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Dissemination Events: These meetings are open. Email our Events Team for more information.

Meetings for the month of February 2020

2019 (entire year)

13/02/2020 Conference on Macroeconomic Implications of Trade Policies and Trade Shocks, Berkeley

Sponsored by the Clausen Center for International Business and Policy at Berkeley and the Peterson Institute for International Economics

University of California, Berkeley, February 13-14, 2020

The last two decades of rapidly shifting comparative advantage have been associated with economic and social dislocations and trade policy tensions. Those factors played a central role in the election of Donald Trump to the U.S. presidency, who followed through on threats of aggressive trade actions against America?s trade partners. Because both major U.S. political parties now embrace trade skepticism, more belligerent international trade policies and the accompanying trade disputes are likely to remain a feature of the global scene even under future presidents.

Much of the trade-skeptic agenda comes from a desire to shift macroeconomic outcomes - whether labor-market outcomes, trade deficits, or overall economic growth. It is therefore critical for policymakers to have a firm grasp on the macro implications of trade policies. The academic literature on that subject has lagged behind modern modeling advances in other areas of economics, perhaps because those advances occurred in a period when a rules-based international trading system largely kept trade hostilities in check. Policymakers intervening to offset supposed effects of trade would also benefit from a better understanding of how the forces of globalization (as opposed to other economic trends) have shaped economic outcomes.

This conference aims to update the analytical framework for analyzing trade policies and trade shocks to encompass modern developments in macro modeling and in trade theory. The goal is to encourage people to write papers that are compatible with the basic requirements in both the trade and macro literatures and allow economists to provide quantitative answers to questions about the short- and long-run impacts of trade policies and shocks on the trade balance, employment, real wages, income distribution, growth, and welfare.

To that end, we welcome submissions across a range of topics that include but are not restricted to theoretical and empirical studies on:

  • The effects of trade shocks on: labor-market dynamics; income distribution; external imbalances and growth; exchange rates; direct investment flows and production location.
  • The rising importance and implications of global value chains.
  • The appropriate macro policies to deal with trade shocks.
  • The links between trade deficits and labor market outcomes.
  • The role of bilateral imbalances and the economic costs of trade diversion in response to tariffs.
  • The dynamics of trade warfare.
  • The possible emergence of regional trading blocs.
  • Macro impacts of quotas and other quantitative trade restrictions.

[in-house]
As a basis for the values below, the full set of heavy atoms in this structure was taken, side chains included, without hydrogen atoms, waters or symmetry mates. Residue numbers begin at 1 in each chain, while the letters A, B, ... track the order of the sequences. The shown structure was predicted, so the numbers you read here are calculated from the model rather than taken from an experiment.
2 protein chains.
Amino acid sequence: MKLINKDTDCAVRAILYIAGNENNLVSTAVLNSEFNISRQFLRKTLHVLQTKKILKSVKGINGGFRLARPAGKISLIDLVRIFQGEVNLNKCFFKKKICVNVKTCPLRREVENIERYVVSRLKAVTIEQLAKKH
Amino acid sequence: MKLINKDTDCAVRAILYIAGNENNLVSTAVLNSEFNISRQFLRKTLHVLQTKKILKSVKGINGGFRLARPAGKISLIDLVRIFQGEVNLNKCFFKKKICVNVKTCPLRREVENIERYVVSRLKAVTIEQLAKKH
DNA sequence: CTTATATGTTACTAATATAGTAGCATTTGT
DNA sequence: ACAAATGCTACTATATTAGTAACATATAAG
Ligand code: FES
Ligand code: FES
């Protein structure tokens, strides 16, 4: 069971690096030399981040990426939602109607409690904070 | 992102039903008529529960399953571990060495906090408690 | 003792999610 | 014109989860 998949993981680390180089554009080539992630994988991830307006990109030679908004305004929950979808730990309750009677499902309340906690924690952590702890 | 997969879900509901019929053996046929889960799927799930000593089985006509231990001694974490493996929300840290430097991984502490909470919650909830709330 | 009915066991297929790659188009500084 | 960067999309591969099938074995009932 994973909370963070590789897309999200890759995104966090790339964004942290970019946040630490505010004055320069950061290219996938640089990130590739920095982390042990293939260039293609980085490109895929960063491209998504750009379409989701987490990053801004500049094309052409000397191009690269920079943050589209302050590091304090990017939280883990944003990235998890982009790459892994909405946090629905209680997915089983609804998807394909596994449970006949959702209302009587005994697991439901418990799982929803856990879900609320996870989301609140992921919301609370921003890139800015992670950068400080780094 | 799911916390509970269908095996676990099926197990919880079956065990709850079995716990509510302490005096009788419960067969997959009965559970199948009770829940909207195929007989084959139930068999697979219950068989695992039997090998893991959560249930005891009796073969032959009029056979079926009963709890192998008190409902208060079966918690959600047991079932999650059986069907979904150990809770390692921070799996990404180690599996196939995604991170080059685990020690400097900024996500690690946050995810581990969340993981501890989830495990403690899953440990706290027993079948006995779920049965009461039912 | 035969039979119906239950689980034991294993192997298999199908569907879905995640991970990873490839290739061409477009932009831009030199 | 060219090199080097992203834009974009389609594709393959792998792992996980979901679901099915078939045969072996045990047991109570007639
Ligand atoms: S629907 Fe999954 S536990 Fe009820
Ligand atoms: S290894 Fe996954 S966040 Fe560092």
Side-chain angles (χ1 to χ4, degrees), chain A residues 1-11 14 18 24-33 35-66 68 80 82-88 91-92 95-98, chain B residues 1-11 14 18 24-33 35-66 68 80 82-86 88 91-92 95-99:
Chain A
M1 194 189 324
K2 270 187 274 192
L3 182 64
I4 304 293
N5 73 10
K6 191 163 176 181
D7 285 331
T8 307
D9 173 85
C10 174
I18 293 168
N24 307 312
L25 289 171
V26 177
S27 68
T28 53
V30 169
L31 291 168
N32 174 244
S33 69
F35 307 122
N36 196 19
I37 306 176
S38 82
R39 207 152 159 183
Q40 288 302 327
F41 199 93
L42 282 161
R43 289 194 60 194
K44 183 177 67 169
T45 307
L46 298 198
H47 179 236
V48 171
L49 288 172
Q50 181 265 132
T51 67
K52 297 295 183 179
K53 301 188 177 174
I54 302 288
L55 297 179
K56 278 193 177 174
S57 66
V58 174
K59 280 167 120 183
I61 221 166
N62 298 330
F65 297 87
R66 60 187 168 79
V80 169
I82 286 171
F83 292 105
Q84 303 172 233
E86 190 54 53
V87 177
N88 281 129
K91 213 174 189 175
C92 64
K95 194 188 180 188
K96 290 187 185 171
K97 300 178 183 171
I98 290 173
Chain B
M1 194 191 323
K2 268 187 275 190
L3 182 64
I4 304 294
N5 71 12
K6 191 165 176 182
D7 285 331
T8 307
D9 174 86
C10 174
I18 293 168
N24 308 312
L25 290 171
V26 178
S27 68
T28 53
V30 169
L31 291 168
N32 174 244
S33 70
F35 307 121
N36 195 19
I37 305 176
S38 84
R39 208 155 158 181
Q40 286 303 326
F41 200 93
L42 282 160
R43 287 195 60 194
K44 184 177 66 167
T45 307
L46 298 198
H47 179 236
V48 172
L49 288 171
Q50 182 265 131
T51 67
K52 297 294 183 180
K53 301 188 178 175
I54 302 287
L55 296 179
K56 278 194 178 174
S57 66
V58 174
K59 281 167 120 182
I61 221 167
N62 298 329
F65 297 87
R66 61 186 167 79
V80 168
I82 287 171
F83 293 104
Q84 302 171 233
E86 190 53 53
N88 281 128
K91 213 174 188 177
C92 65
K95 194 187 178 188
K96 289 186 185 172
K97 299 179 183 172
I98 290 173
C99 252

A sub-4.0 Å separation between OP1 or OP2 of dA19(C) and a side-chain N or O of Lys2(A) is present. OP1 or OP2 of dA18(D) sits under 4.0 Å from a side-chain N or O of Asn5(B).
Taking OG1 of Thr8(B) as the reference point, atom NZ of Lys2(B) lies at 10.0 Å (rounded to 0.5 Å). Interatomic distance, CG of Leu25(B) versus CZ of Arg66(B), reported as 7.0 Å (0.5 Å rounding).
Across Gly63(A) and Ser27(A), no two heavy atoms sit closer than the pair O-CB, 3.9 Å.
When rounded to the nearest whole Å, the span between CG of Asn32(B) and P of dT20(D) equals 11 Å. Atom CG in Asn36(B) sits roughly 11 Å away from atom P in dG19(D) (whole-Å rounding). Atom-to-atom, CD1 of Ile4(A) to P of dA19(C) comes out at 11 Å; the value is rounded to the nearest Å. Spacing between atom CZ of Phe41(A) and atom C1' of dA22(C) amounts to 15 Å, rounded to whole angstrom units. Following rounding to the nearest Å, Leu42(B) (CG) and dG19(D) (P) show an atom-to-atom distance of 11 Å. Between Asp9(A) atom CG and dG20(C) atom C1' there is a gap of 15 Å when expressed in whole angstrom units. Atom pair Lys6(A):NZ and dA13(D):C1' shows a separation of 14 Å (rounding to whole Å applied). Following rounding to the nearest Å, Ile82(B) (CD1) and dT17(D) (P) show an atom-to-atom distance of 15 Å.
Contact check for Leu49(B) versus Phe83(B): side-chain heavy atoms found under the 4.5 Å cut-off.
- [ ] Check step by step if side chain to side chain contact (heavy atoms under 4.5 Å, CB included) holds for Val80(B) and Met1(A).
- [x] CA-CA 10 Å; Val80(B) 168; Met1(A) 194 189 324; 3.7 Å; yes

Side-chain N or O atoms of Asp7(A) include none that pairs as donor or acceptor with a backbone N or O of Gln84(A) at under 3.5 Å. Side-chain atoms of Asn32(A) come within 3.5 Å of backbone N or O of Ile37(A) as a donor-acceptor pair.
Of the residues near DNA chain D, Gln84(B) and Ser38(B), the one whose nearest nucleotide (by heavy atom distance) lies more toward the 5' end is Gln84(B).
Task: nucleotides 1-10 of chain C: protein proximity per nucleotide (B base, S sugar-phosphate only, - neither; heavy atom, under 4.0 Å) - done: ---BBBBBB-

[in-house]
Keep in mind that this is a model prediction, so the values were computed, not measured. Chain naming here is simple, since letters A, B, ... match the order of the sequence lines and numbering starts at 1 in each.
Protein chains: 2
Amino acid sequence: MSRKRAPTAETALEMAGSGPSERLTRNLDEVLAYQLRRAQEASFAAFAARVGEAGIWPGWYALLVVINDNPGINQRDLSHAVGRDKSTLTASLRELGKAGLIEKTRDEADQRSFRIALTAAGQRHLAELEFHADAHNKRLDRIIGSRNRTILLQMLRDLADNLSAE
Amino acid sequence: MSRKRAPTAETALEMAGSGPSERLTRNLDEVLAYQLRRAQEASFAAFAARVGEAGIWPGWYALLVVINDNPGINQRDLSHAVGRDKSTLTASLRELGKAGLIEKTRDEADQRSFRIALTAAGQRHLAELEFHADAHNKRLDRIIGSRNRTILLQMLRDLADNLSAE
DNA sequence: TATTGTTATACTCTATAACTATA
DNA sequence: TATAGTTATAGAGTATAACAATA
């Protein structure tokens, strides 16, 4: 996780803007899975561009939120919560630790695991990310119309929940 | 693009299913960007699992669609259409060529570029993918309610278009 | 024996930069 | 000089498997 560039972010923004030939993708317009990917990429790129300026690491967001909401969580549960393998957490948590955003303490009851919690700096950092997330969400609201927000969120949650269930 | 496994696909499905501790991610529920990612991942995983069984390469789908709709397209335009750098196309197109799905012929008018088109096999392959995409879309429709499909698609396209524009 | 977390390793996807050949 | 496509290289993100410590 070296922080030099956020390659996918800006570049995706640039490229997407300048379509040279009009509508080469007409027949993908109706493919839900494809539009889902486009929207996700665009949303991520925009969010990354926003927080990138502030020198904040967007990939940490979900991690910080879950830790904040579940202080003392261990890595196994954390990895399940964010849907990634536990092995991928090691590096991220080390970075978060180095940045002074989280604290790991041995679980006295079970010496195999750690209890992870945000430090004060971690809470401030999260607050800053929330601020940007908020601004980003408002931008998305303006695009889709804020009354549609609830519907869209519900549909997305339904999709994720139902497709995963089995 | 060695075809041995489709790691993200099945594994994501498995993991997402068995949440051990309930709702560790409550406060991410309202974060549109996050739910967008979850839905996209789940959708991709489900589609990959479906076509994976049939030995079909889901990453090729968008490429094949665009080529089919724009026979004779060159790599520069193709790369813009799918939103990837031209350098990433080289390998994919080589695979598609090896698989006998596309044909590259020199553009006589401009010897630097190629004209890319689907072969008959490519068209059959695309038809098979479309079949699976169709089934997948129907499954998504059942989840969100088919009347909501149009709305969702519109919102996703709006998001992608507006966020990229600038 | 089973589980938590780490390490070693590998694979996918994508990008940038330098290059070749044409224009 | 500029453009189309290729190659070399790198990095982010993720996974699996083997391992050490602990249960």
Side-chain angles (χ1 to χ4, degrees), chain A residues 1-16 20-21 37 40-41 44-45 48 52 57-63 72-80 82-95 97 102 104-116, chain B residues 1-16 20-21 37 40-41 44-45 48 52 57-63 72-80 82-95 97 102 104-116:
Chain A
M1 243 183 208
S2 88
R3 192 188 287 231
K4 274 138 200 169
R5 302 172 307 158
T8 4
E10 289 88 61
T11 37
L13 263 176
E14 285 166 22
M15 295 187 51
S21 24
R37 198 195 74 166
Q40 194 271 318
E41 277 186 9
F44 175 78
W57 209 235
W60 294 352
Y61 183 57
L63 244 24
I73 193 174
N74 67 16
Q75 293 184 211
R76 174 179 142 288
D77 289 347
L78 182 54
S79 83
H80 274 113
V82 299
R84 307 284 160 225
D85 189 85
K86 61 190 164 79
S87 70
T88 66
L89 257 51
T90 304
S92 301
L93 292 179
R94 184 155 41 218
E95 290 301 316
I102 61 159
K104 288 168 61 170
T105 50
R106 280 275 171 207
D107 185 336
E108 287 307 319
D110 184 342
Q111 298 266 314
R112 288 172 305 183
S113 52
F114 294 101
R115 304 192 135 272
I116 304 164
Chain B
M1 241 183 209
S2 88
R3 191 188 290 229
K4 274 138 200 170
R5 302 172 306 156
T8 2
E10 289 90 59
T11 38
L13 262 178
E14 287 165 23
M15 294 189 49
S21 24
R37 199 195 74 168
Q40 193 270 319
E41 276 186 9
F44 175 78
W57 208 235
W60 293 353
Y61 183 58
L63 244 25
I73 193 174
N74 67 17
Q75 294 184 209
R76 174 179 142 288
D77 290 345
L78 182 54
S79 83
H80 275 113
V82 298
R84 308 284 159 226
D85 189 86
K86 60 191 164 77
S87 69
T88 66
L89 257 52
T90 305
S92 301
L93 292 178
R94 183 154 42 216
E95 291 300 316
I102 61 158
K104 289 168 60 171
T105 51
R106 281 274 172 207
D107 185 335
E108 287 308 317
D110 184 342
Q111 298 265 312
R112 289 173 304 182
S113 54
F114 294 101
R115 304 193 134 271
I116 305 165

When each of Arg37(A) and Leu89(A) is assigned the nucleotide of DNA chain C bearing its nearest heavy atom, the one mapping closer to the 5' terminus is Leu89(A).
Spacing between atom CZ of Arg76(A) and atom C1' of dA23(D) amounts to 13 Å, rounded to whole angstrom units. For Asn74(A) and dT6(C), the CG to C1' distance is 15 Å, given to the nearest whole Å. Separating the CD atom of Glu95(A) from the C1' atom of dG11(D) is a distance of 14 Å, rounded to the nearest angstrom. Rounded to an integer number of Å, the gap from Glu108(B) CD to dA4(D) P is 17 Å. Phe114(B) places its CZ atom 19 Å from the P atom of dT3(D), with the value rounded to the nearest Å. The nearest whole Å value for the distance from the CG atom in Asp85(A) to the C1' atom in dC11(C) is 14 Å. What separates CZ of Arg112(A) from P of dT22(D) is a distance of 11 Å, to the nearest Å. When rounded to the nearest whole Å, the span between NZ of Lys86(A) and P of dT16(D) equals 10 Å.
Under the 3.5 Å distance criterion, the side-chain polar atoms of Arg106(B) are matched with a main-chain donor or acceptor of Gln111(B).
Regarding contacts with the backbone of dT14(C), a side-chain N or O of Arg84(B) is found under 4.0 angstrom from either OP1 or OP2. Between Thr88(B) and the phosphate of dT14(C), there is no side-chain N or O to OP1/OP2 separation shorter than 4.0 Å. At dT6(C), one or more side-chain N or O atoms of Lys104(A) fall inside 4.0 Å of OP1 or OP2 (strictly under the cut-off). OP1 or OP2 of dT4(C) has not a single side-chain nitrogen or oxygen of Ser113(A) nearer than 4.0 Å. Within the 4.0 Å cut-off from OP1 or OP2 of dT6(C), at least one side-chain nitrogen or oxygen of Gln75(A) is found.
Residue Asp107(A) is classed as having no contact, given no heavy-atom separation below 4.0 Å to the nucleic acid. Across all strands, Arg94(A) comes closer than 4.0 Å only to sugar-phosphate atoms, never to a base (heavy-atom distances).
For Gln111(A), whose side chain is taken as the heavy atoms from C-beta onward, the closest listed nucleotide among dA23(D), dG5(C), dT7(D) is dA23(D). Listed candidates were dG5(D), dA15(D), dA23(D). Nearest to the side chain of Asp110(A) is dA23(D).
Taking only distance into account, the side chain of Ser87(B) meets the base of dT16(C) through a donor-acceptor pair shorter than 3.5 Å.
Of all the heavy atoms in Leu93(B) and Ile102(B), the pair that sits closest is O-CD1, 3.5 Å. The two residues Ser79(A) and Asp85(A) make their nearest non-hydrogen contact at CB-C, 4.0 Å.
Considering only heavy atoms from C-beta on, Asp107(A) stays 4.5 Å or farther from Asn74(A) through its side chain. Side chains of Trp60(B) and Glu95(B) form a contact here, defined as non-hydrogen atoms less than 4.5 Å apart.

• Impact and longer-run effects of Brexit.
  • Trade and investment effects of potential tax reforms.
  • The linkages between global trade volume and global growth.
  • The effects of trade policy uncertainty
  • Papers that integrate some aspect of trade in a macro framework will have priority. Proposals should be no more than 300 words in length and should give a clear account of the question(s) to be addressed and the analytical and/or empirical methodology, although they may be accompanied by draft papers. Please send all proposals to:

    Marcus Noland ([email protected])

    Maurice Obstfeld ([email protected]; [email protected])

    Andrés Rodríguez-Clare ([email protected])

    The deadline for receipt of proposals is September 12, 2019.

14/02/2020 Business Taxation, St Gallen
Hosted By: Universitt St Gallen
Organizers: Peter Egger and Christian Keuschnigg
Please use Firefox, Chrome, Edge or any other web browser that is not Internet Explorer when applying online. Detailed instructions on how to submit a paper can be found at the bottom of this page.

Scientific Committee: Christian Keuschnigg (University of St. Gallen and CEPR) and Peter Egger (ETH Zürich and CEPR)

Organisers: Christian Keuschnigg, University of St. Gallen and CEPR (local) and Peter Egger, ETH Zürich and CEPR

We are writing to invite you to submit a paper proposal or express interest in attending the workshop -possibly taking a discussant's role - on 'Business Taxation'. The workshop will take place on Friday -Saturday, 14-15 February 2020 and is hosted by the University of St. Gallen, Switzerland.

The workshop aims to bring together researchers with a focus on business taxation. We aim at a mix of theoretical and empirical studies that explore the effects of business taxation on firm-level decisions and aggregate economic performance. The themes below are indicative:

  • Firm-level effects on investment, R&D and employment
  • Financial decisions and organisational choice
  • Location choice, outsourcing, profit shifting, tax competition
  • Internal capital and labor markets and firm-level productivity
  • Tax compliance and digital transformation
  • Heterogeneous tax effects on entrepreneurial and managerial firms
  • Taxation of excess business profit, mark-ups and competition
  • Taxation of the financial sector
  • Macroeconomic impact of business tax reform
  • Design of business tax reform


Alan Auerbach, University of California at Berkeley, Robert D. Burch Center of Tax Policy and Public Finance,

Michael Devereux, Oxford University Centre for Business Taxation and CEPR

We aim at approximately 12 papers with discussants.

Travel and accommodation expenses will be covered according to the but if you could contribute to the costs of your attendance from a research grant at your disposal, this would free up funds for someone else. Please indicate in your application whether you will be able to cover your own travel costs, or whether you will require funding.